decided: December 1, 1975.
Appeal from judgment of sentence of Court of Common Pleas, Criminal Division, of Allegheny County, Nov. T., 1973, No. 6818A, in case of Commonwealth of Pennsylvania v. Bernard Dixon.
John R. Cook, Trial Defender, John J. Dean, Chief, Appellate Division, and Ralph J. Cappy, Public Defender, for appellant.
Robert L. Eberhardt, Assistant District Attorney, John M. Tighe, First Assistant District Attorney, and John J. Hickton, District Attorney, for Commonwealth, appellee.
Watkins, P. J., Jacobs, Hoffman, Cercone, Price, Van der Voort, and Spaeth, JJ. Opinion by Van der Voort, J. Spaeth, J., did not participate in the consideration or decision of this case.
Author: Van Der Voort
[ 237 Pa. Super. Page 526]
On October 24, 1972, appellant Bernard Dixon, assigned to the Ile Elegbra Community Treatment Center after a conviction for robbery and receiving stolen goods, decided that he "didn't want to stay there any more," and left. On August 25, 1973, appellant was nearly apprehended in the revolving doors of Kaufmann's Department Store in Pittsburgh while attempting to remove $177 worth of women's clothing from the store. A coat dropped by the fleeing Dixon contained not only the women's clothing, but also a tag with the name "Bernard Dixon" on it. Appellant was arrested on October 1, 1973; on January 25, 1974, he pled guilty to charges of theft and prison breach, and was sentenced to a term of 3 1/2 months to 3 years for prison breach. Sentence was suspended on the charge of theft. Following the refusal of the lower court to permit appellant to withdraw his guilty plea, appeal was taken to this Court.
[ 237 Pa. Super. Page 527]
Pennsylvania Rule of Criminal Procedure 319(a) specifies that a judge shall not accept a plea of guilty unless he determines after an on-the-record inquiry of the defendant that the plea was voluntarily and understandingly tendered. Before our Supreme Court decided Commonwealth v. Ingram, 455 Pa. 198, 316 A.2d 77 (1974), it was less than clear what type of inquiry was required under this rule before a trial judge could accept a guilty plea. It was required, however, that a factual basis for the plea be demonstrated, and that the defendant understand the nature of the charges against him. See Commonwealth v. Campbell, 451 Pa. 465, 304 A.2d 121 (1973); Commonwealth v. Jackson, 450 Pa. 417, 299 A.2d 209 (1973); Commonwealth v. Maddox, 450 Pa. 406, 300 A.2d 503 (1973); Commonwealth v. Kearse, 233 Pa. Superior Ct. 489, 491-492, 334 A.2d 720, 721-722 (1975). In the case before us, the entire colloquy which took place before the lower court accepted the guilty plea went as follows:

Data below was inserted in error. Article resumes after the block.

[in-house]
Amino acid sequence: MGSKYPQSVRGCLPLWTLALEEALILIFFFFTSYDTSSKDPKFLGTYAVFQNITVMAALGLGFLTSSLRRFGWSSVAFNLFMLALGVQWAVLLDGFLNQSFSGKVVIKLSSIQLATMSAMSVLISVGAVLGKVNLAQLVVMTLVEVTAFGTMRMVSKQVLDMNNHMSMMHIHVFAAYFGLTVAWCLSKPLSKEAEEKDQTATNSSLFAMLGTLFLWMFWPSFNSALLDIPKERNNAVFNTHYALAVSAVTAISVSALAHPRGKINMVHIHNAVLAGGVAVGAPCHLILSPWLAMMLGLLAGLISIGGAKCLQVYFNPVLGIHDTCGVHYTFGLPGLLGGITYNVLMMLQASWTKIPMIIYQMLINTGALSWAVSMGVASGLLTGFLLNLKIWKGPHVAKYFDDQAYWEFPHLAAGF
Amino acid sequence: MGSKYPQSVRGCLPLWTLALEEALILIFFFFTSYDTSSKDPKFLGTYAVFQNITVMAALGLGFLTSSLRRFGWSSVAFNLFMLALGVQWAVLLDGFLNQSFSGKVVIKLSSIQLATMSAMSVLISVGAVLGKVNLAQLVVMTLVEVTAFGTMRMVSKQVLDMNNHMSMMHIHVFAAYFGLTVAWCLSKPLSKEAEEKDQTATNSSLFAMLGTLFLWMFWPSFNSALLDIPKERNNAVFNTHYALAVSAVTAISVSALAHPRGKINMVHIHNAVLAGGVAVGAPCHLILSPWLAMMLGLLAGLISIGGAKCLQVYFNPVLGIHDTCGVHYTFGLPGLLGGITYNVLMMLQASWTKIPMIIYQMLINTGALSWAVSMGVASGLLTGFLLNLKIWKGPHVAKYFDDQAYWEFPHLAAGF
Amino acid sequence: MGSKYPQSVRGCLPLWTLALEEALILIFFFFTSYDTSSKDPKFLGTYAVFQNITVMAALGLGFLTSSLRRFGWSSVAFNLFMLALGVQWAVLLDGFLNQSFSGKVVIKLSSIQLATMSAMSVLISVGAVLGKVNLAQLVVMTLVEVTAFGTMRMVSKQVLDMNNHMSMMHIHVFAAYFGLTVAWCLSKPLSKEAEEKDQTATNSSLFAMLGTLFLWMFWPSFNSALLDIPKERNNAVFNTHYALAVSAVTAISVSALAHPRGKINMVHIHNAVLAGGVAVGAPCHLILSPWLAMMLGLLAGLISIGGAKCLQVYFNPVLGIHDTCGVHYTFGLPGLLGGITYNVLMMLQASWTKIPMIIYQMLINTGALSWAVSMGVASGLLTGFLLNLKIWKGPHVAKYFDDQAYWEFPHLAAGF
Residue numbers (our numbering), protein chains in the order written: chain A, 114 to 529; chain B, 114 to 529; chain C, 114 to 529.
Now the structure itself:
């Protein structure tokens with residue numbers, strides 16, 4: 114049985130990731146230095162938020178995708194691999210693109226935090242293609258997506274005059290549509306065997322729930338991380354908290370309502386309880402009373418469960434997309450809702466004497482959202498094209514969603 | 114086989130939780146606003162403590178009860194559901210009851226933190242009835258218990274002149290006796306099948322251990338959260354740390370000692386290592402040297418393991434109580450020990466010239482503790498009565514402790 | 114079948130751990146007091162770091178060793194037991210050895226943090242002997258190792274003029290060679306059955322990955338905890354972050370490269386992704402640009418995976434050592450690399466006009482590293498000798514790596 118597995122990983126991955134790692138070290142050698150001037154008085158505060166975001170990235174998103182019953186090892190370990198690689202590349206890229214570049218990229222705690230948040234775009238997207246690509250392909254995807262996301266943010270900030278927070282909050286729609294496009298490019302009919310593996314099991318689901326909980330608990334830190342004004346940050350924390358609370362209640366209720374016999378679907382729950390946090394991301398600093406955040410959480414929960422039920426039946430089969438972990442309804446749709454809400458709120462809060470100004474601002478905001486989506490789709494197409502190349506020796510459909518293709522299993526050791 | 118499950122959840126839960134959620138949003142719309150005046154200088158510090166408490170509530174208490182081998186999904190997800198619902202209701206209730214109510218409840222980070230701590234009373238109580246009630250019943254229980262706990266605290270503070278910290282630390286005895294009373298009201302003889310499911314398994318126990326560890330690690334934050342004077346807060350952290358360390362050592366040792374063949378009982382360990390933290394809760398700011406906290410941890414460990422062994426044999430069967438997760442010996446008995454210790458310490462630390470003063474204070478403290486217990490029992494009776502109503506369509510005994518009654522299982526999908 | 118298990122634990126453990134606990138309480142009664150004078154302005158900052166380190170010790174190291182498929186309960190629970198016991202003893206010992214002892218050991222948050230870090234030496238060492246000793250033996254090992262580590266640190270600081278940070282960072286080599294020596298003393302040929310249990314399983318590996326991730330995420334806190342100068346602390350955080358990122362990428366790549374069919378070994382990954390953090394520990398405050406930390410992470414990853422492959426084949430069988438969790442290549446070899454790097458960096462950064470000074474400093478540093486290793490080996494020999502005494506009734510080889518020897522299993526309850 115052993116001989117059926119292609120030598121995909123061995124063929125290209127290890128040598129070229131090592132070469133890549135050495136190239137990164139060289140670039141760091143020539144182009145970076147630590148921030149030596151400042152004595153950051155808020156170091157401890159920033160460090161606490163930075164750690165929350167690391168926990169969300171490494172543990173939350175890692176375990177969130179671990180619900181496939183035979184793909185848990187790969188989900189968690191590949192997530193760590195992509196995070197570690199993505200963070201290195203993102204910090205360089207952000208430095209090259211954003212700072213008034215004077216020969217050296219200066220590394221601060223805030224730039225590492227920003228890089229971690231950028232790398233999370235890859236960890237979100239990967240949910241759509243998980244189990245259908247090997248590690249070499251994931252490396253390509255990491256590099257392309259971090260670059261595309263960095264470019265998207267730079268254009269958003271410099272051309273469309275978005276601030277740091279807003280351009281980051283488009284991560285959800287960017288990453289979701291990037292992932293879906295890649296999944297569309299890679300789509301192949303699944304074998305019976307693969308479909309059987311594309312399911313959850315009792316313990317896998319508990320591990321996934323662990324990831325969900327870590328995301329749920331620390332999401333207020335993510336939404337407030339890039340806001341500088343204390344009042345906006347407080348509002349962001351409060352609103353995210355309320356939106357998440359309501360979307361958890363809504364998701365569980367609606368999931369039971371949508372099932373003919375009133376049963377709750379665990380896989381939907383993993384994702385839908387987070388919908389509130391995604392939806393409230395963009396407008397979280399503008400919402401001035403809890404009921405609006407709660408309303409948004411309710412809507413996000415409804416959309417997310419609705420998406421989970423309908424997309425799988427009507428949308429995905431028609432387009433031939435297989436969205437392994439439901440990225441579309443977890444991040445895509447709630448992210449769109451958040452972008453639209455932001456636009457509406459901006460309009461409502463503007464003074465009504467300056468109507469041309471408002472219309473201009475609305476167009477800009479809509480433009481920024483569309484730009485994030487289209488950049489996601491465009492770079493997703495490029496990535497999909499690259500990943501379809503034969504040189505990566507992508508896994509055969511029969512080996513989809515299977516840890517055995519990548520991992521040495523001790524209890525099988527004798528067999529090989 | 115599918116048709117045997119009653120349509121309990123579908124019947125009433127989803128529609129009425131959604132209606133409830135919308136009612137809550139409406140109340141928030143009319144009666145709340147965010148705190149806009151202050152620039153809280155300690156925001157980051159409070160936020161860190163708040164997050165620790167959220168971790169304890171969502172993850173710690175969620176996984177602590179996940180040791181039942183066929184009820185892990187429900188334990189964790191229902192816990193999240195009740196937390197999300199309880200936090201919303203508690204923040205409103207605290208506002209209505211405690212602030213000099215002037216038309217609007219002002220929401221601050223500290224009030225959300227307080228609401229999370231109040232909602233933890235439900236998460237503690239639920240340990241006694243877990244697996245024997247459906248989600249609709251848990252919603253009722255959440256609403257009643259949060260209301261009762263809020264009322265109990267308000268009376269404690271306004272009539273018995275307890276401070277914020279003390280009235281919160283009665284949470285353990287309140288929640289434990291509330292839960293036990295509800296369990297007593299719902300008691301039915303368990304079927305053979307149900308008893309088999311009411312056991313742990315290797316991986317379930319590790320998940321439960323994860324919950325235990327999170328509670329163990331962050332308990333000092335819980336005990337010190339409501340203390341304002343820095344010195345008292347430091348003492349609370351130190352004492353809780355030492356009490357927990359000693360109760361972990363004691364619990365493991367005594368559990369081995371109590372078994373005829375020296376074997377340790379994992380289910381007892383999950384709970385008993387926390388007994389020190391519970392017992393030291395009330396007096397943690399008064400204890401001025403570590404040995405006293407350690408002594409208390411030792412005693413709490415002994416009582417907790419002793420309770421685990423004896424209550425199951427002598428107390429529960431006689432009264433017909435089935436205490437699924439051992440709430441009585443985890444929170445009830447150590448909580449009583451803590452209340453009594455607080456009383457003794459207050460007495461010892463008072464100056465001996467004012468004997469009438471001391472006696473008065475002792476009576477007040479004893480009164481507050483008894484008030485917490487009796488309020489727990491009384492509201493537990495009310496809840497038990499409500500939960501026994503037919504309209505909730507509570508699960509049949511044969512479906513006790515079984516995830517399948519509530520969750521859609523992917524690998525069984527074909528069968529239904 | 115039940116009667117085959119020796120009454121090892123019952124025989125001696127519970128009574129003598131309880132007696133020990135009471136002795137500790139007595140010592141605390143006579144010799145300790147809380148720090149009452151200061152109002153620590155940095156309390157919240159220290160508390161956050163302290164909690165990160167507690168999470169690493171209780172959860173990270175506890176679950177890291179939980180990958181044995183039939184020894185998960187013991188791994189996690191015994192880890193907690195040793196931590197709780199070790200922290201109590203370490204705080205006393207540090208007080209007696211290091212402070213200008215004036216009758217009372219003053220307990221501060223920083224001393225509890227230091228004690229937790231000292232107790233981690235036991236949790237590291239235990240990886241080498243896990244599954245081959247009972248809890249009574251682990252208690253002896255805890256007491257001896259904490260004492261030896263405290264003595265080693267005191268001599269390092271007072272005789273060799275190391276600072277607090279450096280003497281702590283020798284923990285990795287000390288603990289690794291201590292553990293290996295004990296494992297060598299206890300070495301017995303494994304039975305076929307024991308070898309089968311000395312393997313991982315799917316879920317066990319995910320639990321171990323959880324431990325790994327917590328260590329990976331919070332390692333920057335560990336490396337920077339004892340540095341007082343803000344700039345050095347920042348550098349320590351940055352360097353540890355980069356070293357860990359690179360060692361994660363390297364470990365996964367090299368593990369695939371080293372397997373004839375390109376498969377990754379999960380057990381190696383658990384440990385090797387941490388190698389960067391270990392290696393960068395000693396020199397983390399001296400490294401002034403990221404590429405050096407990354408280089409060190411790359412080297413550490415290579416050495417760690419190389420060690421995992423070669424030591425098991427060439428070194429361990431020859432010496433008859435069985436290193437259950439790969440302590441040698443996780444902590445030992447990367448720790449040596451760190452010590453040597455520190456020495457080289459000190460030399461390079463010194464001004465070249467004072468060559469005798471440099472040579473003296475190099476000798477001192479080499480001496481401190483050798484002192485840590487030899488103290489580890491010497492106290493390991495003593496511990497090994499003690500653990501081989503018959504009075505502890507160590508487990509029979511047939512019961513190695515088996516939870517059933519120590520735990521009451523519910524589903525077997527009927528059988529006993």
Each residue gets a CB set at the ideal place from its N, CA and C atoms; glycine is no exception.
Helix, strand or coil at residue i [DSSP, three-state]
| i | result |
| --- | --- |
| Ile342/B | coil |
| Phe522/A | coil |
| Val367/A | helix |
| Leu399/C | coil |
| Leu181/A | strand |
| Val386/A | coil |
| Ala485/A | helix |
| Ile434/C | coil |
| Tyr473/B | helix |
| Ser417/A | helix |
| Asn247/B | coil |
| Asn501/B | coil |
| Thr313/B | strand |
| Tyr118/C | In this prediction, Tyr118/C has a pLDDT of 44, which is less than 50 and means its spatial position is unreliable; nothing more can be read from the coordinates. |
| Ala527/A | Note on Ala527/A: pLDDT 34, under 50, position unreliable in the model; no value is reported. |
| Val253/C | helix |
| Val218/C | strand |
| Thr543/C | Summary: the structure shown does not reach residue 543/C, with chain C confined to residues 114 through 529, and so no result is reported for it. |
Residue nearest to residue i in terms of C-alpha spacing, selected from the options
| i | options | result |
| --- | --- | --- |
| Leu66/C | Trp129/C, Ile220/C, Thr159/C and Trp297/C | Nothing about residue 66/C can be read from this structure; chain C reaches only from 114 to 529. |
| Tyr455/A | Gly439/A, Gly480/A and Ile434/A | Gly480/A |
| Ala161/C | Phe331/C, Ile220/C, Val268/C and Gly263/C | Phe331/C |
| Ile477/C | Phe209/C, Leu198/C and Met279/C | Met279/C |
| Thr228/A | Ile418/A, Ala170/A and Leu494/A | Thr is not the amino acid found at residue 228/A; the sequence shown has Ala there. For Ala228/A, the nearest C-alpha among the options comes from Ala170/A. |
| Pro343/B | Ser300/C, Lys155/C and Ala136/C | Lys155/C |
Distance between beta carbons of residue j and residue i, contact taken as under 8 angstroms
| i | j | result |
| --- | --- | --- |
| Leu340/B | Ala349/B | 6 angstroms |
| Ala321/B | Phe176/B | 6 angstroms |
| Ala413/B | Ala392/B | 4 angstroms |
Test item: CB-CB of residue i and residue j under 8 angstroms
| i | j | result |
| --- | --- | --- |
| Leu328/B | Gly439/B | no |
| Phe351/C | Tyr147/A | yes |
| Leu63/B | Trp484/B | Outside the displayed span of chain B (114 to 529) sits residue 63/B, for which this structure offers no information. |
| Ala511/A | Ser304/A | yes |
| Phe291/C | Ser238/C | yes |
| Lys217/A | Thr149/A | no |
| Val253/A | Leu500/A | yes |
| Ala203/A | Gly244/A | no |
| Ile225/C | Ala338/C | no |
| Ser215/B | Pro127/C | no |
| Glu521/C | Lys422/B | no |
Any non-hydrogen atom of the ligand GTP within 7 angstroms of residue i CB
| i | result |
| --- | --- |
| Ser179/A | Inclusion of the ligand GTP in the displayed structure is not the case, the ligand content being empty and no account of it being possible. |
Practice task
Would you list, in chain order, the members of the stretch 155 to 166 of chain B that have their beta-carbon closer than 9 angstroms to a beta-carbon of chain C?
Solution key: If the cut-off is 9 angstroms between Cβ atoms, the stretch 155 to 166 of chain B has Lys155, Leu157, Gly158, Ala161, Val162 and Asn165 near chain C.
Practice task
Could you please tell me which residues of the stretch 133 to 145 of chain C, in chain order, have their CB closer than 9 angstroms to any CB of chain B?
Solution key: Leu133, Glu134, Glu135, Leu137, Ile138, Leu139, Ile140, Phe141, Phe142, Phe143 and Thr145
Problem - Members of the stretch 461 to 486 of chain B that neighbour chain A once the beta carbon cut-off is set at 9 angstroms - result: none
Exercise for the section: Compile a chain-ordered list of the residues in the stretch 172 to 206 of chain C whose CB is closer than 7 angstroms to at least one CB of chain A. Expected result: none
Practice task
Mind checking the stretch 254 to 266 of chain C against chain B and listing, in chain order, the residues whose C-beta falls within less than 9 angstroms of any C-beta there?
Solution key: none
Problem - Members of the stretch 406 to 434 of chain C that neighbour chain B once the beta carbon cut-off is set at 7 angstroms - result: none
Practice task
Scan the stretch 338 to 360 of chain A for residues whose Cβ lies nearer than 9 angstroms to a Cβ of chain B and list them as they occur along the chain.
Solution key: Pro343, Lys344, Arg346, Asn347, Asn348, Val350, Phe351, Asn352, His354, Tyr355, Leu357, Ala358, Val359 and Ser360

"By Mr. Cohen (to the Defendant):
Q. You are Bernard Dixon?
Q. How old are you?
A. Twenty three.
Q. You are here in court charged with theft and prison breach, is that right?
Q. And you read, write, and understand the English language?
Q. How far did you go in school?
Q. You know that you have the right to a trial by jury and all twelve jurors would have to find you guilty before you could be convicted on each of these several cases, you know that?
[ 237 Pa. Super. Page 528]
Q. Also you have the right to request the two cases be heard non-jury, you know you have that right also?
A. Yes, sir.
Q. Nevertheless is it your independent decision after discussion with me to enter a plea of guilty to both of the charges?
Q. Why are you pleading guilty?
A. Yes, I am, I plead guilty.
Q. Are you pleading guilty because in fact you are guilty?
A. Yes, sir.
Q. Have there been any threats or promises of any kind made to you to induce you to enter a plea?
A. No, sir.
The Court: The Court accepts the plea."
Even under pre- Ingram standards, the preceding colloquy was insufficient to establish that the guilty plea was voluntarily and understandingly tendered. We therefore reverse and remand for a new trial.
Judgment of sentence reversed and case remanded for new trial.
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